The Consumer Financial Protection Bureau approved a new rule allowing debt collectors to contact you/borrowers through social media account.
There's a new rule approved by the Consumer Financial Protection Bureau (CFPB), and it's to allow debt collection agencies to text, email, or DM borrowers on social media to seek repayments on unpaid debts. These new changes took effect on Tuesday, Nov. 30.
Former CFPB Director Kathleen L. Kraninger, who supervised the new rule, said that it was a necessary update to be added to the Fair Debt Collection Practices Act, a four-decade-old policy that needs an urgent update.
Kraninger wrote her sentiment regarding CFBP's new rule on a blog post, saying: "We are finally leaving 1977 behind and developing a debt collection system that works for consumers and industry in the modern world."
Meanwhile, consumer advocates argued against the new rule, worried that borrowers can fall prey to illegal scams if they are going to be contacted online for the repayment of their debt.
A staff lawyer at the National Consumer Law Center, April Kuehnhoff, expressed her disapproval of the new rule, "The rules are really disappointing and concerning in a number of ways."
Many believe that fiving the go-signal for debt collectors to make use of social media to seek indebted individuals will be an opportunity for criminals to swindle people out of their fortune.
"I have actually already gotten my first spam debt collection email even before the new rules took effect," Kuehnhoff stated.
Kuehnhoff also believes that this new rule will increase scam cases by taking advantage of the rules and earning money illegally.
What Are The Limits To This New Rule For Debt Collectors?
Despite the concerns expressed by many, the Consumer Financial Protection Bureau assured that there would be limitations as well.
Residing under the new rules, debt collectors who will contact you should have to identify themselves as debt collectors immediately. The CFPB, however, encouraged collectors to attempt joining a network with borrowers by first sending a friend request.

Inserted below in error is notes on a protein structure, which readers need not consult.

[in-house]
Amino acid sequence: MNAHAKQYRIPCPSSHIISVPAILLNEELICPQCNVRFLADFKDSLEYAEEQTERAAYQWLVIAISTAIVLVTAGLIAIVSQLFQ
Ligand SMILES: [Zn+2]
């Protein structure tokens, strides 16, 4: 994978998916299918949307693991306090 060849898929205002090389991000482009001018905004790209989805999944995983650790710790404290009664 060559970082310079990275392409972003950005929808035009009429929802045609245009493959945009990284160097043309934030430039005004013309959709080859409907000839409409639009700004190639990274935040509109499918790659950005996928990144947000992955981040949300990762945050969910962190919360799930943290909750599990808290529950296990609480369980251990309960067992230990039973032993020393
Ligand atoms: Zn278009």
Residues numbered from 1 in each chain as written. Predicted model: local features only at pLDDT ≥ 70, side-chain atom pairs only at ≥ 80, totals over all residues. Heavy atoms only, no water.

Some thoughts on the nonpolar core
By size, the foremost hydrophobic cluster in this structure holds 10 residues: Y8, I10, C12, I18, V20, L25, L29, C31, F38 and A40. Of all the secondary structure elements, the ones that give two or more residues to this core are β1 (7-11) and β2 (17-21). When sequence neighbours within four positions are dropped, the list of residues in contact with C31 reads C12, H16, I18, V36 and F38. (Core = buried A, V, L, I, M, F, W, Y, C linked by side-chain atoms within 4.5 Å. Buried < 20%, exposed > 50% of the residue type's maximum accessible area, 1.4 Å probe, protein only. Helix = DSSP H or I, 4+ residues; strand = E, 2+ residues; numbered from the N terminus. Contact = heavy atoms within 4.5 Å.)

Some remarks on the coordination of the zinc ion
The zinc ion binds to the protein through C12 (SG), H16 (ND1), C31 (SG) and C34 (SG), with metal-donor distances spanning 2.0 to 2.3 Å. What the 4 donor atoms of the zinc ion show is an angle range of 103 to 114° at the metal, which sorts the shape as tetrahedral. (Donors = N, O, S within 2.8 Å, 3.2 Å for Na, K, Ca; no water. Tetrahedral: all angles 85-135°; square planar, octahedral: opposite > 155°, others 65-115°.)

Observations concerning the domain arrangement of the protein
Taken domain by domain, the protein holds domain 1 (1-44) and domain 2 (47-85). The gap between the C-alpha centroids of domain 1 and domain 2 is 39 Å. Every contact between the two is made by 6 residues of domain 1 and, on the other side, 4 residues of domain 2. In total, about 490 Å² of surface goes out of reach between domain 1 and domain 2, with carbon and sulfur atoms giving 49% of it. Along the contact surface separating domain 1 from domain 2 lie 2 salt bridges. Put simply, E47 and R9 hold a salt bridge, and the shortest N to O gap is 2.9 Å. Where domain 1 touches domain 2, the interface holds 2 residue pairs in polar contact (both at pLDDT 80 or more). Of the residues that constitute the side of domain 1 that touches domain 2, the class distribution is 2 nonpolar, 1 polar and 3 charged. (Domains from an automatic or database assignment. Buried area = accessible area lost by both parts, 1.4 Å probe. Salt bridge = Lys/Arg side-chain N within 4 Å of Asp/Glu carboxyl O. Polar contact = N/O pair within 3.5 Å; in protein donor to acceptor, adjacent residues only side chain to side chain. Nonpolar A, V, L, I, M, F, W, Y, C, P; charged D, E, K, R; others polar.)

Debt collectors must also give you the option to opt-out of being communicated through social media. Any messages sent by collectors must have to be private as well.
Additionally, collectors have no right to post on your page. Any of your contacts online must not see that the collector has reached out to you.
Now, being messaged online through social media is also an option because the rule says collection agencies must give you the option if you do not want to be contacted online.
Many officials in the industry welcome this move by the CFPB, citing the outdated methods used by a multitude of the collection industry and the presence of social media apps.
In a statement, the CEO of ACA International, a trade association for debt collectors, Mark Neeb, believes every consumer in the collection process should access the option to have their preferred method of contacting debt collectors.
Neeb also added that borrowers could opt out of using the traditional methods, citing the essence of social media in the process.
Furthermore, CFPB also limits how often debt collectors can contact you, with agencies being restricted to making seven calls per week per borrower.
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Written by Thea Felicity